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Making Sense of Crime Trends

March 15, 2013 2327

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What to make of the latest crime statistics. Total crime recorded by the police is down by seven percent in a year. Over the nine years between 2002/03 and 2011/12 it dropped by 33 percent. The comparable figures for the separate Crime Survey for England and Wales are eight and 28 percent.

On a longer view the trends are even  more striking. As the figure below from yesterday’s report indicates, total crime recorded by the police rose gradually from 1981 through to 2003/04, after which it fell fairly sharply. The Crime Survey for England and Wales data (formerly the British Crime Survey) rose more sharply, reaching a peak nearly a decade earlier in 1995, followed by an equally sharp decline.


According to The Guardian this has left baffled experts ‘scurrying to rewrite their basic Criminology 101 lecture and the theory that recession leads to rising crime, particularly property crime’.

Various theories have been floated. Our homes and cars are more secure, argue some. Others suggest young people are staying at home on their smartphones and computers rather than hanging around on the streets and vandalising bus shelters.
Others query the reliability of the data. Perhaps people these days are engaging in the types of crime not adequately captured by official statistics; online fraud for instance. Maybe dodgy recording practices help explain the drop, as the The Independent and The Times suggest today.
It is difficult not to conclude that criminologists – or at least those interviewed by the media – are struggling to apply a particular set of ‘orthodox’ theoretical perspectives to a set of data that really don’t fit the theory. Policy makers, journalists and commentators likewise struggle to find a coherent explanation. So we have the spectacle of seemingly intelligent people buying into the latest cod theory linking crime rates with lead poisoning, despite its obvious flaws.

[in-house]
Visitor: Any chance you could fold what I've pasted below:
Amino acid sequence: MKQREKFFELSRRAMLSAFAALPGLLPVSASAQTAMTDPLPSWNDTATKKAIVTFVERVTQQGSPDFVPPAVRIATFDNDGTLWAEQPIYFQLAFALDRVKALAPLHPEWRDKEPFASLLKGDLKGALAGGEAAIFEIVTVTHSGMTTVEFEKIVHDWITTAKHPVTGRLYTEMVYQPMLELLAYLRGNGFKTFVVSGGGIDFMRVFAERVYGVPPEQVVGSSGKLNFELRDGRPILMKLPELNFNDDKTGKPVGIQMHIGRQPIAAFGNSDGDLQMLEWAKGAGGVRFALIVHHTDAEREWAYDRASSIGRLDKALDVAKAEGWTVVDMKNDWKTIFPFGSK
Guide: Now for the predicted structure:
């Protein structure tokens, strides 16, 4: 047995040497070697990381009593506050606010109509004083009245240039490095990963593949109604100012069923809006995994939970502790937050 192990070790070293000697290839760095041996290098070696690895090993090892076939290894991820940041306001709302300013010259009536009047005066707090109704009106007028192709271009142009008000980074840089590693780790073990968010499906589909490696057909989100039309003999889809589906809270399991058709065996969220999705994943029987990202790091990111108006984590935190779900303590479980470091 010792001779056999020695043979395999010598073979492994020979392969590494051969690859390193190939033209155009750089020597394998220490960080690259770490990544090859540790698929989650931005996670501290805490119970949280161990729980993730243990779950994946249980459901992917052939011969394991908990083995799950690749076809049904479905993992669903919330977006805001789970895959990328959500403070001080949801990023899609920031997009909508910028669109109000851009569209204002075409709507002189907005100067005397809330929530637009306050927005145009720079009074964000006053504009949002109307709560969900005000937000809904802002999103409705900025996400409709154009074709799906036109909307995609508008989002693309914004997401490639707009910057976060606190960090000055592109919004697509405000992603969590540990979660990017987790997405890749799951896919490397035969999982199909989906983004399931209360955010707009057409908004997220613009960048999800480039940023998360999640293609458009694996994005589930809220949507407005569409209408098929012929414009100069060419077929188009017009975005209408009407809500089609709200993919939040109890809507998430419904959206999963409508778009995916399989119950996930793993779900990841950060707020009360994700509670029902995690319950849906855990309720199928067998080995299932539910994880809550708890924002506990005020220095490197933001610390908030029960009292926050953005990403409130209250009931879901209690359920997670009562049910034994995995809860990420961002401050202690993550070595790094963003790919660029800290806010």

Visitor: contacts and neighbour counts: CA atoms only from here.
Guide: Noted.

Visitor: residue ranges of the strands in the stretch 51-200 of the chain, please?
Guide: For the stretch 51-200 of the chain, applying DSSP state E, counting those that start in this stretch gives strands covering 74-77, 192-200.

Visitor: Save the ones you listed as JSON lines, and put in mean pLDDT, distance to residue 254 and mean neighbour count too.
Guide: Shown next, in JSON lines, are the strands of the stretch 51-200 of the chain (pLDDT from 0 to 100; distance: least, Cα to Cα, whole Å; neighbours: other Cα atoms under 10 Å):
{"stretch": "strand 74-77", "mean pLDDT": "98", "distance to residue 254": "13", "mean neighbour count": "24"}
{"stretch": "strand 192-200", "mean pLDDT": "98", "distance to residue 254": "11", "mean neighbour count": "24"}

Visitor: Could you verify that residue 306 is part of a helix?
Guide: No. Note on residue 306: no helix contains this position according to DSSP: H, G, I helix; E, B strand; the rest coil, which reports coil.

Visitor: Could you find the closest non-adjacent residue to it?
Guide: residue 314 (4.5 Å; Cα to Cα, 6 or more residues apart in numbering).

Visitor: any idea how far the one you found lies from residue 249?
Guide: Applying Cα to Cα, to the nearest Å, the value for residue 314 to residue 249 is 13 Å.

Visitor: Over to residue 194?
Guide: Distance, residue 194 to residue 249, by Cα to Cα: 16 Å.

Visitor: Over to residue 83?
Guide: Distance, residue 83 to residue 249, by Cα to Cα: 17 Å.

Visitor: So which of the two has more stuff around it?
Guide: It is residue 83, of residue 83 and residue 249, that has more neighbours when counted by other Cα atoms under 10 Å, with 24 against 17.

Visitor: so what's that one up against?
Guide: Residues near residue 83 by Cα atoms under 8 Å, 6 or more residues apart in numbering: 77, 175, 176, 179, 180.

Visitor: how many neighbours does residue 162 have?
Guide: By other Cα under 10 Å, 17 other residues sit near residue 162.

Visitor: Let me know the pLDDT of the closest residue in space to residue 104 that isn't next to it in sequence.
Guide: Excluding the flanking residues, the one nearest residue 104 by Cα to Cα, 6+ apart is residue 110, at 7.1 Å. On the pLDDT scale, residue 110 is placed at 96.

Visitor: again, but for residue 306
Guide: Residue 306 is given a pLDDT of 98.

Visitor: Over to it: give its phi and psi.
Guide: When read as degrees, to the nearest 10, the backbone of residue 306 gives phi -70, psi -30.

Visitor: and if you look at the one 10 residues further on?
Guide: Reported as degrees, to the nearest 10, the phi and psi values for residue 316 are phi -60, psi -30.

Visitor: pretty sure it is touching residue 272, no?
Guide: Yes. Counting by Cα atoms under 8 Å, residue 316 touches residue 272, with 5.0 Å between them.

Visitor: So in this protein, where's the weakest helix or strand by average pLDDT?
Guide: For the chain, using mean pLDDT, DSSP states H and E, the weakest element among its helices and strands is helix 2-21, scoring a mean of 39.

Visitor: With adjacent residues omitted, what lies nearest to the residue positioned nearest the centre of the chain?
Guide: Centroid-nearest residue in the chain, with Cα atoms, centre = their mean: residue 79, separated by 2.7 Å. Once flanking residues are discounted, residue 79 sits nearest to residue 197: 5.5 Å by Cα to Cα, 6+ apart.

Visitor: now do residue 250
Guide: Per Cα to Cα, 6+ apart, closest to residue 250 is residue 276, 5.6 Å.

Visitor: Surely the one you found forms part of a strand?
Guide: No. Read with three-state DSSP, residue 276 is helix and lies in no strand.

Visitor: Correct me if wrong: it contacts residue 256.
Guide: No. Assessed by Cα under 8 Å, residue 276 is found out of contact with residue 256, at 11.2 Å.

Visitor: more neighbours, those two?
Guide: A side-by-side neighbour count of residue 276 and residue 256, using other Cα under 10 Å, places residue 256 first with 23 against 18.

Overall crime and crime involving overalls


So what should we do? Putting to one side conceptual and definitional problems associated with crime as a term, a wide variety of harmful and less harmful acts and behaviours are marshalled under this blanket term. Homicide is a crime, as is vandalism. They share little or nothing in common apart from this legal definition. House breaking, shoplifting and sexual assaults are variously more or less harmful crimes. Their causes and consequences are varied and complex.
In short, to ask why ‘overall’ crime might be rising or falling is to ask the wrong question. It mystifies and confuses rather than elucidates and informs. Talk of overall crime rates is best reserved for the analysis of crime involving overalls.
Different crime types, different trends


Once we start looking at different types of crime, and how they have changed over time, it becomes possible to shed light on the possible causes of different crime trends. The figure below does this for four selected police recorded crimes – rape, burglary, vehicle and drug offences – setting them alongside the ‘overall’ crime rate.


To make it easier to understand how the five different categories have changed in relation to each other, their very different values have been equalised at the beginning of the data series. Changes are then expressed relative to this starting point. This allows us to understand how the different offence types have change over time, and relative to each other.

The  ‘overall’ crime trend is shown by the blue line sloping down gently from left to right. Below it, the turquoise and orange lines show the relative decline in burglary and vehicle offences. These declined at a much greater rate than the ‘overall’ crime rate: some 44 and 61 percent respectively. They also accounted for a large proportion of ‘overall’ crime: between a quarter and a third during this period.

The story of the fall in ‘overall’ crime in the period is therefore to a significant extent a story of the fall in burglary and vehicle offences. Cars have become much more difficult to break into or steal. Homes have become more secure and the resale value of stolen goods has declined. In no small part this helps to explain the fall in these crime types and, by extension, the fall in ‘overall’ crime.